I want to say that I LOVE listening. In a given conversation, I want to learn more about the other person so I ask countless questions about themselves and listen.
If I talk more than I listen, then I’m repeating what I already know instead of learning something new. Therefore, I will probably spend 70% of the time listening and 30% of the time talking when I meet someone for the first time or in my conversations with my friends.
Details are Small Things That Have a Gigantic Impact
Sandro said that he knows everything and anything about his bosses. He knows when her birthday is, what food she likes, what format she wants the document to be in, how early she gets into the office, etc.
Then I thought back to my life. I love it and appreciate it when someone remembered my birthday. I appreciated it when they knew what my past work involved and who I worked for.
People love details, that someone is paying attention to them and it makes them feel important. I started to care more about the details in people and wrote down important things about the person.
Add Value, Never Receive More than Give
This one applies to everywhere, not just in building long lasting relationships. Doing something for another person all the while expecting ABSOLUTELY NOTHING in return is noble. Not just noble, something that is respected and appreciated. I used to hate doing something for someone before meeting Sandro.
Why? If I didn’t get something back, I felt like an idiot putting in so much effort for someone who didn’t even care. Then I began to realize that this is the wrong way to think. It isn’t that they don’t care, it’s that maybe they are busy but still appreciate the gesture. I was making an assumption based on what I saw, not what I didn’t see.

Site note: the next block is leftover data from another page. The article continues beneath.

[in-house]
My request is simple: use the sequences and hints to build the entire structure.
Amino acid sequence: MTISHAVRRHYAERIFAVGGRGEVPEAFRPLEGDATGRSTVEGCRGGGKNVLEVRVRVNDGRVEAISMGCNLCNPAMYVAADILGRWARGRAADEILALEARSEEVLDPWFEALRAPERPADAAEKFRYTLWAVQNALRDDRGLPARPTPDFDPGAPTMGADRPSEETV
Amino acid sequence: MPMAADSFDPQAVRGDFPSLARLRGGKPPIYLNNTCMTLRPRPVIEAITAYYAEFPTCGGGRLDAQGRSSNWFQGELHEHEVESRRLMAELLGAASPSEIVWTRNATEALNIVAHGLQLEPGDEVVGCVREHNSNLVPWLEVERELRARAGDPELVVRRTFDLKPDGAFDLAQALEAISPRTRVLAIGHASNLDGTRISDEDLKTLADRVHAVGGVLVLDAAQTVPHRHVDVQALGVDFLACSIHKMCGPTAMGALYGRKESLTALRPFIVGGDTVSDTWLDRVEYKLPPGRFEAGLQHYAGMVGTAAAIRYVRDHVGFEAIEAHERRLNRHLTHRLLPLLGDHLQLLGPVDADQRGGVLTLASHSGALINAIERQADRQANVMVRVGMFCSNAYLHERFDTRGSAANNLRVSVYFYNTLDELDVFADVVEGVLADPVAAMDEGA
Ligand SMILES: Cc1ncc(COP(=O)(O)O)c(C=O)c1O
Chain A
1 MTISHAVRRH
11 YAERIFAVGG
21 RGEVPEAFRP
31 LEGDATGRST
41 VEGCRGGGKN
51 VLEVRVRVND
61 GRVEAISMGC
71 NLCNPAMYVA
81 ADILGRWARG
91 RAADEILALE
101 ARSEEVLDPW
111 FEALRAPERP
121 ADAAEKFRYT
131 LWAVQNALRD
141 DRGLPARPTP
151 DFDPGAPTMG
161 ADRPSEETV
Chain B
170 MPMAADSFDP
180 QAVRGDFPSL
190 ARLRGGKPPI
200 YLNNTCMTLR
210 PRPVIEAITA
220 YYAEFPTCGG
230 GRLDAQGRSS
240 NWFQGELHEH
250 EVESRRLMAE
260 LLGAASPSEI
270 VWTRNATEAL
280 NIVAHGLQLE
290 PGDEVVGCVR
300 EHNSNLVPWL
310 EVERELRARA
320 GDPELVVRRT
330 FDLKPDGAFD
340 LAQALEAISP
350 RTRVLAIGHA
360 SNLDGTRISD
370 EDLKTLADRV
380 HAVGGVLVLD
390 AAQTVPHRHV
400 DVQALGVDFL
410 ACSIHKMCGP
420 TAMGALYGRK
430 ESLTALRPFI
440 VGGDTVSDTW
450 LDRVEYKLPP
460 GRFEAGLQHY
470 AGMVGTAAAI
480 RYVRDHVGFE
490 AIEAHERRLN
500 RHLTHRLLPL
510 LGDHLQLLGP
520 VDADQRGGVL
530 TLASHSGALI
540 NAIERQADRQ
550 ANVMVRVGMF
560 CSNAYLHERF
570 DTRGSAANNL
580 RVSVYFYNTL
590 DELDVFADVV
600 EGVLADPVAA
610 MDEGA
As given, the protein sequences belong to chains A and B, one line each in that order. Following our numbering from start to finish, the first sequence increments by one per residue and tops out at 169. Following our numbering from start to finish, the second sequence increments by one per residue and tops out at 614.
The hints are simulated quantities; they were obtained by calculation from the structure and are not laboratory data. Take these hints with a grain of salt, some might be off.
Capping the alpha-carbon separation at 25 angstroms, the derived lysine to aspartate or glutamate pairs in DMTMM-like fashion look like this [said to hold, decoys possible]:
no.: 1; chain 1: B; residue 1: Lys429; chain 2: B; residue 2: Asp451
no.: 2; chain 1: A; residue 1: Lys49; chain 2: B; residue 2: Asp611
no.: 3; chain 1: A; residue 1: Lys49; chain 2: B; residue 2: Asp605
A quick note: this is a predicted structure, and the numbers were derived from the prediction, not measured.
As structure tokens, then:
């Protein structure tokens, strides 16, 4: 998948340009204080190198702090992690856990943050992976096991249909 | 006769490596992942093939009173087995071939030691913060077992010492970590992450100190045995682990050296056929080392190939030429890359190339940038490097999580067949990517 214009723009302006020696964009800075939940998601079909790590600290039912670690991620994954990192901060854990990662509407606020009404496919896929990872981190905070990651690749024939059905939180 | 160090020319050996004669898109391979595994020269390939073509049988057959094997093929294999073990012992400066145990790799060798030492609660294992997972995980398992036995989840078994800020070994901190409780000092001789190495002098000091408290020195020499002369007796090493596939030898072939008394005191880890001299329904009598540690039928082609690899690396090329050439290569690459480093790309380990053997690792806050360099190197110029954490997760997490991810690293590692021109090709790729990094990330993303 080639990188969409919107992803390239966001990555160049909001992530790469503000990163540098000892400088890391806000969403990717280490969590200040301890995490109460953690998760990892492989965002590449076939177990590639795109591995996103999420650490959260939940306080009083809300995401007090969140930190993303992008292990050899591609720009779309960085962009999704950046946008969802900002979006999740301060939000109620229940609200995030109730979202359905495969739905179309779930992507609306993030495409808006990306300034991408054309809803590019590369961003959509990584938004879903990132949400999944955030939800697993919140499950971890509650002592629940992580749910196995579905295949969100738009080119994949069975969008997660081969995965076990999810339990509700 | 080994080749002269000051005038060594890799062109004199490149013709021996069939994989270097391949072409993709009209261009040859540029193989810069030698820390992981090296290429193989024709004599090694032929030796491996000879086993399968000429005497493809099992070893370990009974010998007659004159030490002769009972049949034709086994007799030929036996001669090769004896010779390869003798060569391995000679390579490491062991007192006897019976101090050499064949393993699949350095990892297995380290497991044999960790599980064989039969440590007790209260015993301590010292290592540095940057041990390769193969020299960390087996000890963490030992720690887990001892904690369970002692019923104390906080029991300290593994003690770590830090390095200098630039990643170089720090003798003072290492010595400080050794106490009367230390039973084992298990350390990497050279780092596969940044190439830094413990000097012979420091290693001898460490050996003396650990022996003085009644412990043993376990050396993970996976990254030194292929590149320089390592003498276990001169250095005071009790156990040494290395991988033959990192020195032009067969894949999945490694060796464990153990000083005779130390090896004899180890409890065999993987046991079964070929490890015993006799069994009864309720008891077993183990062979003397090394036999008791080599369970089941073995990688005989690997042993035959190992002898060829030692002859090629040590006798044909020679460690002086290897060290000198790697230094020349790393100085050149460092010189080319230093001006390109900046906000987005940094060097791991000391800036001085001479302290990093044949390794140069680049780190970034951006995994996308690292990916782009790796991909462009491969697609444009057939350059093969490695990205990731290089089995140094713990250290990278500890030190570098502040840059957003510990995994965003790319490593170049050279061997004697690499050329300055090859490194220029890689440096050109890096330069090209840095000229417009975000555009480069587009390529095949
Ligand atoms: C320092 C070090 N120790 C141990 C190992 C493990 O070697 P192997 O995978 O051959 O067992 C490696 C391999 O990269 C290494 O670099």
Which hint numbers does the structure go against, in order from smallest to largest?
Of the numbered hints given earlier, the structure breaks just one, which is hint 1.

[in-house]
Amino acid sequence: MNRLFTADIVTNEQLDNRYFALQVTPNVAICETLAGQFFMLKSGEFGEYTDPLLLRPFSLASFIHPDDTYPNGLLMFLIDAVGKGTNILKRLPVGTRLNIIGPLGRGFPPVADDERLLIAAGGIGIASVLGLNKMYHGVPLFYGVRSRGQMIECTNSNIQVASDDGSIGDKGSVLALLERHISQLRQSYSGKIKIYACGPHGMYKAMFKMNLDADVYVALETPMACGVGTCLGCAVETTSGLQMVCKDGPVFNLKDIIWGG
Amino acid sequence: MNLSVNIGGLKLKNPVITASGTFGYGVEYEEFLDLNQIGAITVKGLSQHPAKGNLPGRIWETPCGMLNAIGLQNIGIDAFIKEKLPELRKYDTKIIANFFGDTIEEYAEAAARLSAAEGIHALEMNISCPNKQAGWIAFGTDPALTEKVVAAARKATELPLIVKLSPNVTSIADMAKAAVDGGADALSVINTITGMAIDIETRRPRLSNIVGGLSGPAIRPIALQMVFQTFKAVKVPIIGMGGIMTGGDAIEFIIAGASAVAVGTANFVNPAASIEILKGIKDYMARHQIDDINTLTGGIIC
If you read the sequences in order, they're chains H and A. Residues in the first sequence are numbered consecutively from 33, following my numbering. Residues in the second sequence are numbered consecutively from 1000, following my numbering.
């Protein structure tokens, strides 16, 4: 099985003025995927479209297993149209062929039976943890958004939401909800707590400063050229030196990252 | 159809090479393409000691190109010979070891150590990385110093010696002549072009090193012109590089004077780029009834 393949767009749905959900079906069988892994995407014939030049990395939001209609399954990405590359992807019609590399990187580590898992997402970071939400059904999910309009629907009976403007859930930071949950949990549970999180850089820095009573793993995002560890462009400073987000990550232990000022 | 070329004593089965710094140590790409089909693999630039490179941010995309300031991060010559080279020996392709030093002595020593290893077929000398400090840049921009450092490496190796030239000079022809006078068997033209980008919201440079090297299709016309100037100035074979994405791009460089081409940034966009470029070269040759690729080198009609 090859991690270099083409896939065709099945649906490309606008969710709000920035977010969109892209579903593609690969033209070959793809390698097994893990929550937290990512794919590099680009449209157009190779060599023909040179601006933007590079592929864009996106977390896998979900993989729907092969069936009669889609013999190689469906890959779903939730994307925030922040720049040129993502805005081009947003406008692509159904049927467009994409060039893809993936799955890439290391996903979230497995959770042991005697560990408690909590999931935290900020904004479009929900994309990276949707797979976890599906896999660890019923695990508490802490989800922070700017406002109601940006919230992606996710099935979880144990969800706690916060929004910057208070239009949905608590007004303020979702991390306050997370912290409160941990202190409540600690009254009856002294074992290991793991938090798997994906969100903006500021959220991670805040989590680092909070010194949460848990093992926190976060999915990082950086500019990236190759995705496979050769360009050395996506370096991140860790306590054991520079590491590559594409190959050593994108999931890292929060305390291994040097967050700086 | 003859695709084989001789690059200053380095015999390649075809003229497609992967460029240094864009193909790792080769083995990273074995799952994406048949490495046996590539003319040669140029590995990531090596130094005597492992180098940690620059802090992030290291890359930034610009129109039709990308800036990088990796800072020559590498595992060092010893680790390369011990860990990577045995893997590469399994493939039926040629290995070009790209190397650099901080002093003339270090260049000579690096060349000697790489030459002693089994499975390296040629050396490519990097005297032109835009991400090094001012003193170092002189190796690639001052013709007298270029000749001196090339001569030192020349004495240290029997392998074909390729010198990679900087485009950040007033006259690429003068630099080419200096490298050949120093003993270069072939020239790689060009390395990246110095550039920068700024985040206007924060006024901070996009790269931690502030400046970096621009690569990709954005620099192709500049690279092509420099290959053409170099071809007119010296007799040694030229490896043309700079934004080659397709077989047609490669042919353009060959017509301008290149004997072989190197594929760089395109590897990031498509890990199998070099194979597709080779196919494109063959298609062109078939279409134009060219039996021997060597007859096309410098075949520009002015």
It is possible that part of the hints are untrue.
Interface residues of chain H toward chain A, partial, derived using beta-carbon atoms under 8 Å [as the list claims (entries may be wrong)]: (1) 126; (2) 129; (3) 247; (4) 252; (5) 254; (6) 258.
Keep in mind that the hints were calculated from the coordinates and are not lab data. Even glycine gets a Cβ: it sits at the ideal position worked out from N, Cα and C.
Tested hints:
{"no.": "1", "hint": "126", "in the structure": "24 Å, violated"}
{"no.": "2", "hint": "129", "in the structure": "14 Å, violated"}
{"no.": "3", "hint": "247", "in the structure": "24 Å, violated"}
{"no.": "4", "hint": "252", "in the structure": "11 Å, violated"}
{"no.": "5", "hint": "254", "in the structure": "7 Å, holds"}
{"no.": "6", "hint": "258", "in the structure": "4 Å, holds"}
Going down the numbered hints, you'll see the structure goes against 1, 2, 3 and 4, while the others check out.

Now, I look for ways to add value to the people who are in my life. If I did something that benefitted me, I now think who else in my life could also make use out of it.
Put in the Effort
I’ve definitely missed the mark on this. I have a list of people in Excel (I can’t keep track of people just in my brain) that I need and want to keep in contact with. I have their name, how I met them, and a few details about themselves (for example, when their birthday is).
Then if the conversation turned out to be great and I liked the person, they will get a phone call from me on their birthday, or other important days.
However, I realized that I need to put in more effort. I usually try to email them once a quarter, but I realized now that that’s too little. Sandro told me to email people once a month or once every two months at a minimum. Otherwise, since they go through meeting so many people, they could easily forget me.
I will be doing exactly that starting today.
Having long lasting relationships is hard work. Effort needs to be there, otherwise it can’t happen. Long lasting relationships can help with careers and being more fulfilled in life. However, the end goal isn’t to build a career or be more fulfilled in life. The end goal is to actually connect with the individual across from you and get to know him or her.
I want to point out that it took me numerous hours to be better at building relationships. I took a class, I read books, I consciously made an effort to talk to strangers in my classes. I used to be scared out of my mind to talk to a stranger but I’m slowly getting accustomed to do so.
Now I’m significantly better at building relationships (though not the best at it). Hopefully you don’t make the same mistakes I did and we can all have better relationships with everybody close to us!
Readers, do you agree with my tips on having a long lasting relationships? Are there other things that you recommend? Let me know in the comments below!